In this podcast series, I interviewed Dr. Kyle Welch, Assistant Professor at George Washington University (GWU), on his recently released paper, co-authored with Stephen Stubben, Associate Professor from The University of Utah, entitled “Evidence on the Use and Efficacy of Internal Whistleblowing Systems” (Report). In this paper, Welch and Stubben reviewed some 15 years of anonymized data from NAVEX Global, Inc., the sponsor of this podcast series. This data was from the company’s hotline reporting systems. Some of the key findings included that companies with a robust whistleblower and reporting system had greater profitability and workforce productivity as measured by Return on Assets (ROA) and there were fewer material lawsuits brought against the company overall and there were lower settlement costs if a lawsuit did occur. Finally, there were fewer external whistleblower reports to regulatory agencies and other authorities. Throughout this series we are taking a deep dive into the Report. Today we find out the impact of whistleblower reporting systems on power users and expand the definition of litigation.
While acknowledging he was “open to any finding”; one of the things Dr. Welch expected was a finding that a company with more whistleblower complaints would follow that the company would have more problems and certainly high litigations and regulatory costs. He stated, “if you were to take a job at one firm and all other things being equal, if one entity has more reports internally, it would have problems.” He even analogized it to “Ockham’s Razor, that the simplest answer is that maybe that entity just has more problems.” However, what Dr. Welch found was that if there were a larger number of internal reports, it allowed a compliance officer or other to go to any area where there were clusters of reports due to this greater visibility.
However, it led to an initial finding that companies with a more robust internal reporting system generated more reports. Dr. Welch noted, “what we did is we looked at a large segment of data, lots of data on internal reports, from a long tail of history.” They reviewed data from over a million reports related to public companies and had access to over 3 million other reports. All the data was anonymous, not disclosing individual details, which enabled them “to do the study and actually connect with good external data.”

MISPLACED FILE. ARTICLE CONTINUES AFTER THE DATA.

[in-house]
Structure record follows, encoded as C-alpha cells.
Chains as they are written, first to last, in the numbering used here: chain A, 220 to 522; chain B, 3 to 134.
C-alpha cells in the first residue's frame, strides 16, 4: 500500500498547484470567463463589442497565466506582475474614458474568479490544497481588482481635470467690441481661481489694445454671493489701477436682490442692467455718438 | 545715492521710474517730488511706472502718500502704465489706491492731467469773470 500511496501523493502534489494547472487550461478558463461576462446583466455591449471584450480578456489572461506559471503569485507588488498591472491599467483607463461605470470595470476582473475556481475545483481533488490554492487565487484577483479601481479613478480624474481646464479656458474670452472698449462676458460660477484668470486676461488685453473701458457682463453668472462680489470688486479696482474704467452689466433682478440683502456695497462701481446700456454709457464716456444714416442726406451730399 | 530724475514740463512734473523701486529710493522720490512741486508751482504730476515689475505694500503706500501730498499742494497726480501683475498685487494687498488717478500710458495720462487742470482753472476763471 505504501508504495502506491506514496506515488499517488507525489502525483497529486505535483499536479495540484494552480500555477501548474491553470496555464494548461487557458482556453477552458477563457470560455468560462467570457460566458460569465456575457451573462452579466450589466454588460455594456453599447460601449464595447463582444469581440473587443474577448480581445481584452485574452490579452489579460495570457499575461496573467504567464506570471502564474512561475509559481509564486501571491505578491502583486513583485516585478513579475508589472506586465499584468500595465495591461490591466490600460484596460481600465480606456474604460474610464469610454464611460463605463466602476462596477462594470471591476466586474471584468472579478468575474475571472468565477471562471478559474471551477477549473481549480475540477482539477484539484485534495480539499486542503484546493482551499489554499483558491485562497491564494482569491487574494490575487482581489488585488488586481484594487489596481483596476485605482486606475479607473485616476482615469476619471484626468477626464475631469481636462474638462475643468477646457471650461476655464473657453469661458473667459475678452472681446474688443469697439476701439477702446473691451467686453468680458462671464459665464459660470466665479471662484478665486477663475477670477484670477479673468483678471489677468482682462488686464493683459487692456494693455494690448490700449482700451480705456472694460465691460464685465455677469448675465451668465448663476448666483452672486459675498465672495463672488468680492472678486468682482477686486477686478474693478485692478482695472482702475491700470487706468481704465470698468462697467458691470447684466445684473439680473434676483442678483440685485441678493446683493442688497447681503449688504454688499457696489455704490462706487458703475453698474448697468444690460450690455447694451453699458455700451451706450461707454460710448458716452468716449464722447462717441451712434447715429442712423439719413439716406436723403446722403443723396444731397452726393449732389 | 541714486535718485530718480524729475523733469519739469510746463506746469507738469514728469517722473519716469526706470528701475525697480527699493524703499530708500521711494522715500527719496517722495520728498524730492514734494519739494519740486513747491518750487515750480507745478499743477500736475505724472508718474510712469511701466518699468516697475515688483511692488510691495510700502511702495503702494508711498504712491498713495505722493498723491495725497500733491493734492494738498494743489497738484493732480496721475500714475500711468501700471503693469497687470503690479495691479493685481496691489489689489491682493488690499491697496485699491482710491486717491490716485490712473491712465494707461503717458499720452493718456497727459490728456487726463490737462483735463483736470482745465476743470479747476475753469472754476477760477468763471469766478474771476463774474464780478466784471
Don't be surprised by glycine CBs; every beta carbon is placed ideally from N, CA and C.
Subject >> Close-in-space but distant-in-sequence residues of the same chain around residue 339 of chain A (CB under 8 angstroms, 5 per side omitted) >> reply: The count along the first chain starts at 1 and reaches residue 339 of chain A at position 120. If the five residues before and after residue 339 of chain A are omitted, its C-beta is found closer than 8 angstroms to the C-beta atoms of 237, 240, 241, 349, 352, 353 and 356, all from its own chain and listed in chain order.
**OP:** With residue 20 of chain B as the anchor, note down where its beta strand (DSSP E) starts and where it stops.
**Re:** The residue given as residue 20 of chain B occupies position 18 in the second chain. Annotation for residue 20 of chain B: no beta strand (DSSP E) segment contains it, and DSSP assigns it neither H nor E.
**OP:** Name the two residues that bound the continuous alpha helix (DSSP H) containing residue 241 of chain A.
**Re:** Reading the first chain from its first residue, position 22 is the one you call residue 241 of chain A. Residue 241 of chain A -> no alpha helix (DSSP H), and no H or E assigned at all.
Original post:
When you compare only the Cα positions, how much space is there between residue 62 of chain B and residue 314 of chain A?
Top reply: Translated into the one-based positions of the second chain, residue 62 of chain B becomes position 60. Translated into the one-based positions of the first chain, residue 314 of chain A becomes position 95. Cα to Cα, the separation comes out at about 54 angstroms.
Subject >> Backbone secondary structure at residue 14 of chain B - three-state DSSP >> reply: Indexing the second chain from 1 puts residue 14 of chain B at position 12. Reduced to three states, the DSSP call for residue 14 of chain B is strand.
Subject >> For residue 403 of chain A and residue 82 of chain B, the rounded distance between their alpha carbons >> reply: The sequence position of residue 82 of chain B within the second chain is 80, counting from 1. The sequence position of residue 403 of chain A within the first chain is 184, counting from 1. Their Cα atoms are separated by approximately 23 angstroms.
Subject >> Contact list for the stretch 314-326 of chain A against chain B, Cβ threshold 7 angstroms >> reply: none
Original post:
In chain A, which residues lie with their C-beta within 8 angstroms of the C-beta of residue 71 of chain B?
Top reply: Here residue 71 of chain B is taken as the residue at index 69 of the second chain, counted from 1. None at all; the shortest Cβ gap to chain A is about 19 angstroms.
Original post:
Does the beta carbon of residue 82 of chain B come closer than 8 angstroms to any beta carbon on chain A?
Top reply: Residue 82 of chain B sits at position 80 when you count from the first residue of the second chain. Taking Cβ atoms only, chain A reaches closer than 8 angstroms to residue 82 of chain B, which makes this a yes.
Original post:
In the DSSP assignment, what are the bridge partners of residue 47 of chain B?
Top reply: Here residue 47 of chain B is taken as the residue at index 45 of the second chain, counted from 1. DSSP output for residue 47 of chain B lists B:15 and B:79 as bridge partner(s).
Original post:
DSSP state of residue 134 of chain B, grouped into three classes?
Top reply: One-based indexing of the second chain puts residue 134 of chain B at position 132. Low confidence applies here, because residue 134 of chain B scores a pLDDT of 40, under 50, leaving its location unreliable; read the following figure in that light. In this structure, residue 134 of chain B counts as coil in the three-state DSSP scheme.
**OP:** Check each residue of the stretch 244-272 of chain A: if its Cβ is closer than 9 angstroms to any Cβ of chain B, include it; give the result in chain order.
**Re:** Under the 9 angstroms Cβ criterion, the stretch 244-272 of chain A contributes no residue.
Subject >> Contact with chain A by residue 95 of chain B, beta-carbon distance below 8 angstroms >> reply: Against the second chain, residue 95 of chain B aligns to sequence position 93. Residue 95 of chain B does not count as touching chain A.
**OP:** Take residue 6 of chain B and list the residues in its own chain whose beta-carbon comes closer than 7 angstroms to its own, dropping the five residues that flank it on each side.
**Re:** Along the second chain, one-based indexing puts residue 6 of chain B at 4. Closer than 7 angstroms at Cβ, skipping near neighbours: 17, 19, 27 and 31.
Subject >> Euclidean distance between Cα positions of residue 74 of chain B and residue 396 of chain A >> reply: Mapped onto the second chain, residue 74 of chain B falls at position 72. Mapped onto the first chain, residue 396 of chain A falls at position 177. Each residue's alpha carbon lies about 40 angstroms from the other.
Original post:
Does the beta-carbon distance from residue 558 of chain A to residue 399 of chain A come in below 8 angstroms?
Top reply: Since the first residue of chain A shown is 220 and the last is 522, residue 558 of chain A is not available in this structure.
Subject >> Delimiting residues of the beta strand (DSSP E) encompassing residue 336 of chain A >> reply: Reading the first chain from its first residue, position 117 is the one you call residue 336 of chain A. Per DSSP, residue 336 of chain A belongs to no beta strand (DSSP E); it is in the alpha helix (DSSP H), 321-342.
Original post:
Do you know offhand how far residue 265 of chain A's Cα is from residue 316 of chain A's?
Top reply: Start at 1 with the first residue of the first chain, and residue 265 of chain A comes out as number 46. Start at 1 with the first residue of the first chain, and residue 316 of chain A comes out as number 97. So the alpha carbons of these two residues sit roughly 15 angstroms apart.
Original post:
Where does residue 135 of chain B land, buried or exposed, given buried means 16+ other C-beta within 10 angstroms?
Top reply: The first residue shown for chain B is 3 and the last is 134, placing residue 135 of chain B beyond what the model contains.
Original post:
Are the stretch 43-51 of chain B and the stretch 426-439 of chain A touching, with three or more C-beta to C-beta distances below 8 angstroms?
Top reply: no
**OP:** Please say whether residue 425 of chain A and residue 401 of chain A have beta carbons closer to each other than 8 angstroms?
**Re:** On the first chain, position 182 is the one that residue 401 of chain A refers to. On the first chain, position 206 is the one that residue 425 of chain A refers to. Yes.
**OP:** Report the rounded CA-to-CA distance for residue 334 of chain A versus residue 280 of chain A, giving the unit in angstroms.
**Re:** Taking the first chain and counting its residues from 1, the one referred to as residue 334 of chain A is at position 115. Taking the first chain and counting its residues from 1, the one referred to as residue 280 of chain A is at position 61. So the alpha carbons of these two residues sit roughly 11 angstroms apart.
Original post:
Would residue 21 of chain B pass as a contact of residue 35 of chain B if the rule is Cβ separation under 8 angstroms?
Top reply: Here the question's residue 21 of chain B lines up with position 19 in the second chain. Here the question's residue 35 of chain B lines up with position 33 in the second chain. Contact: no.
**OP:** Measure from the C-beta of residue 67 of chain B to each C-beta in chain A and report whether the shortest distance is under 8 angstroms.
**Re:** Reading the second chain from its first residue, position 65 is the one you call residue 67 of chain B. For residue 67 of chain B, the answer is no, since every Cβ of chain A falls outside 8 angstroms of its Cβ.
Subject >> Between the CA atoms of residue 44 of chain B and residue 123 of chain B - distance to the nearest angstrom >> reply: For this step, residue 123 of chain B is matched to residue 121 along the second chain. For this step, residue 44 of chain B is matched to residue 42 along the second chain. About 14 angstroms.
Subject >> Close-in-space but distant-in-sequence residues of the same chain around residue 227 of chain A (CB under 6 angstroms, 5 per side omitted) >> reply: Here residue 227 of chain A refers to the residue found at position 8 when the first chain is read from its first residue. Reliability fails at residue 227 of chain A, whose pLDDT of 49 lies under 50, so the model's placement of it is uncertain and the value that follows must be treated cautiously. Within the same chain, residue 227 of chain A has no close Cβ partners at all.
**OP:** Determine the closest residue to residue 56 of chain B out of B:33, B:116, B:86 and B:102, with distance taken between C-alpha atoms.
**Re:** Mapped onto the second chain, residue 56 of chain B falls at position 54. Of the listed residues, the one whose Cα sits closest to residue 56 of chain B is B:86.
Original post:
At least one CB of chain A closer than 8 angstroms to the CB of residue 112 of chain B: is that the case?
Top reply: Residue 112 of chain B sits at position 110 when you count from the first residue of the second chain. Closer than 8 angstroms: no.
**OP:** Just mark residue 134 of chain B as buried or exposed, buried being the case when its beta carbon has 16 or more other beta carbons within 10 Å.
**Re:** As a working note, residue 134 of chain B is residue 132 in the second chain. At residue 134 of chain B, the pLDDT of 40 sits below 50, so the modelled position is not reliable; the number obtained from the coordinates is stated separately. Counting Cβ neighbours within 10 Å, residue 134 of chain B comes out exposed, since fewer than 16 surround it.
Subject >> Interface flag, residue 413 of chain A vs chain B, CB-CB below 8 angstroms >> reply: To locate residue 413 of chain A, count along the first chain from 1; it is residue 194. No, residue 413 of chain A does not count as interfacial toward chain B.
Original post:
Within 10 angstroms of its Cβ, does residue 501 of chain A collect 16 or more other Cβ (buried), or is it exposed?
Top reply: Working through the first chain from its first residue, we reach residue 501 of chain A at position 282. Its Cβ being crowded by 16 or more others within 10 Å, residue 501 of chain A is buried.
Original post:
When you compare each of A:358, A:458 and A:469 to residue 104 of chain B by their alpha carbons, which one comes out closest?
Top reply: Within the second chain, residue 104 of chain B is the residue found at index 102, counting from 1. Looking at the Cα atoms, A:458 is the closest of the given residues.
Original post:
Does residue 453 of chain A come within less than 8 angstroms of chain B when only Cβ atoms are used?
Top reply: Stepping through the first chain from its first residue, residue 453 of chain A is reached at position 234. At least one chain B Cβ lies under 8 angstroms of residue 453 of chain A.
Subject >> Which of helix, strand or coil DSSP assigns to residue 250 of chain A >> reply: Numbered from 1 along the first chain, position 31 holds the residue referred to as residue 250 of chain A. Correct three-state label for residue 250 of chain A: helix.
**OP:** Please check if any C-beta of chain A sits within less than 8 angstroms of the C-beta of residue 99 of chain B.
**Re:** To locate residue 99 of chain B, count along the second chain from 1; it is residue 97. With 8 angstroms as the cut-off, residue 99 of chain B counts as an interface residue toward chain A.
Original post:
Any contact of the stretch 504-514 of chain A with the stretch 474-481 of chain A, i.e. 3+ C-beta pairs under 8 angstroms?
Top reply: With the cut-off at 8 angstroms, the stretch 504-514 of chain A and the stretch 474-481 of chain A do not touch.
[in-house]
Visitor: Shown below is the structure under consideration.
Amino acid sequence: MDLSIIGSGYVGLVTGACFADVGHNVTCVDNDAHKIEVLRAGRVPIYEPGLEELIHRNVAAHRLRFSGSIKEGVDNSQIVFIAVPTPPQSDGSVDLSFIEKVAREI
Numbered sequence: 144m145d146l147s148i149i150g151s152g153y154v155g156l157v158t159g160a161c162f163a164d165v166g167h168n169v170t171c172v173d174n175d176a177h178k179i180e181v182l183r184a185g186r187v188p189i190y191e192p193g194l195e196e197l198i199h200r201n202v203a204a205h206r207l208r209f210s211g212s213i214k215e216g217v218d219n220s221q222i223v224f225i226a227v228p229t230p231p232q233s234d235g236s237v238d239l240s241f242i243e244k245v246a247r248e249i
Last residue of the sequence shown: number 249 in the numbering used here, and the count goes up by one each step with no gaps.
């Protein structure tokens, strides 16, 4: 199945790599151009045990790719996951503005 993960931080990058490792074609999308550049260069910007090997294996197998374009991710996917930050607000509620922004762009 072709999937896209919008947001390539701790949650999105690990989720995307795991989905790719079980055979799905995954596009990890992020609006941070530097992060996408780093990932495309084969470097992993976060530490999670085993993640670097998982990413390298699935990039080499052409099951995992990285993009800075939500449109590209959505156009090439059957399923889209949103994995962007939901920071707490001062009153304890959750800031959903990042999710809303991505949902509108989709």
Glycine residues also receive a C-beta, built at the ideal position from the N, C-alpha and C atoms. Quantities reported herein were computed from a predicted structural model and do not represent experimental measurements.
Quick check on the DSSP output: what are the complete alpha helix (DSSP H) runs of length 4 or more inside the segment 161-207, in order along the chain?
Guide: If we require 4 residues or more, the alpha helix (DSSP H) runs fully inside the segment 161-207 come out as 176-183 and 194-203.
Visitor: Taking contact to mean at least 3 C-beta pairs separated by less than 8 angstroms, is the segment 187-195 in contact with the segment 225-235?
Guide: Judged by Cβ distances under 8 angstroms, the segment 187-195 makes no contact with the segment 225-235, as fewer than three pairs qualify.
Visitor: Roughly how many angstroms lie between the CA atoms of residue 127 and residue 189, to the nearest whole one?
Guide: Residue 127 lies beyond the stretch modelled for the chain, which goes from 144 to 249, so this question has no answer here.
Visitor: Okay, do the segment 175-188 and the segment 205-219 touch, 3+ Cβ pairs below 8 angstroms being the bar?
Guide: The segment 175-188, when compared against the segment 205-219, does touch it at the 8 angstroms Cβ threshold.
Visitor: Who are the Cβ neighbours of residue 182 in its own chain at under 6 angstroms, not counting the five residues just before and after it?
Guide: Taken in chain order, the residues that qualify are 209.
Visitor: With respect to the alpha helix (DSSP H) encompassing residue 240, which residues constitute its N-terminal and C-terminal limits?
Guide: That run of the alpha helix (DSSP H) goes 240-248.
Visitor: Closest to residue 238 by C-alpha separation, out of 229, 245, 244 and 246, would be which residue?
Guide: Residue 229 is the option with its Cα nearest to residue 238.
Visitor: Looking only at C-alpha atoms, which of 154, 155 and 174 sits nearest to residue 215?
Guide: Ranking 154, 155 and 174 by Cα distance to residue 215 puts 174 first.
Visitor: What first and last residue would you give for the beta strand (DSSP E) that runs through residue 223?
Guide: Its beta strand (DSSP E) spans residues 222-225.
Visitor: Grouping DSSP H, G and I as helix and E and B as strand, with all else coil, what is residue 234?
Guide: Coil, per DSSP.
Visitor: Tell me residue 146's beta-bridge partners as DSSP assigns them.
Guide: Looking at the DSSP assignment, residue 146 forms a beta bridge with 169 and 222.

He then turned a group of companies he termed “power users”, which were high level users of whistleblower reporting systems who had more activity than the average entity. He stated, “We, used a couple of measures of this reporting. We looked at level of reports, including how many reports they have and then a combined measure of how engaged they were with the reports. For instance, how quickly did it take for a company to resolve the issue and then how many times the whistleblower report was accessed?”
These “power user’ companies have several interesting characteristics. Dr. Welch related “what we found is that those that are more engaged with these systems are typically firms with a higher quality earnings reporting. They are usually larger firms. They are more mature and they are more profitable firms.” These entities were also seen to have higher ROA. Finally, these “power user” companies were firms with higher quality governance, as rated by the Entrenchment Index(Index), which is used measure how entrenched management is in a company. “Those with higher governance in their organization are the power users, the ones that use it and have more reports and are more engaged with the system.”
Conversely, companies which were observed to be a more limited user of whistleblower reporting systems were companies that were seen to have poor governance. They were also more prone to financial accounting issues, such as discretionary accruals, which could prove problematic. They were also smaller and less mature firms. Their overall compliance programs were generally not seen as robust or as effective as those in larger, more mature organizations. Finally, these firms, probably because they were smaller and less mature, were more prone to extreme growth and the problems associated with trying to scale up quickly.
One point which was extremely important was Dr. Welch’s use of the term “litigation”. As a recovering trial lawyer I explained to him that I interpreted the term to mean civil litigation between private parties. However, when I raised this, Dr. Welch indicated that his intended interpretation was broader than simply civil litigation between parties. He intended it to include regulatory and enforcement action, basically anytime anyone went to court, which would certainly include Foreign Corrupt Practices Act (FCPA) settlements where a Deferred Prosecution Agreement (DPA) was agreed to or a criminal conviction secured.
When you expand his finding that the cost of litigation to the cost of all regulatory enforcement and litigation was reduced by a material amount, you begin to see the power in the findings around whistleblower reporting systems.
In the next episode, we consider some of the specific findings made in the Report.
This series is sponsored by NAVEX Global, Inc.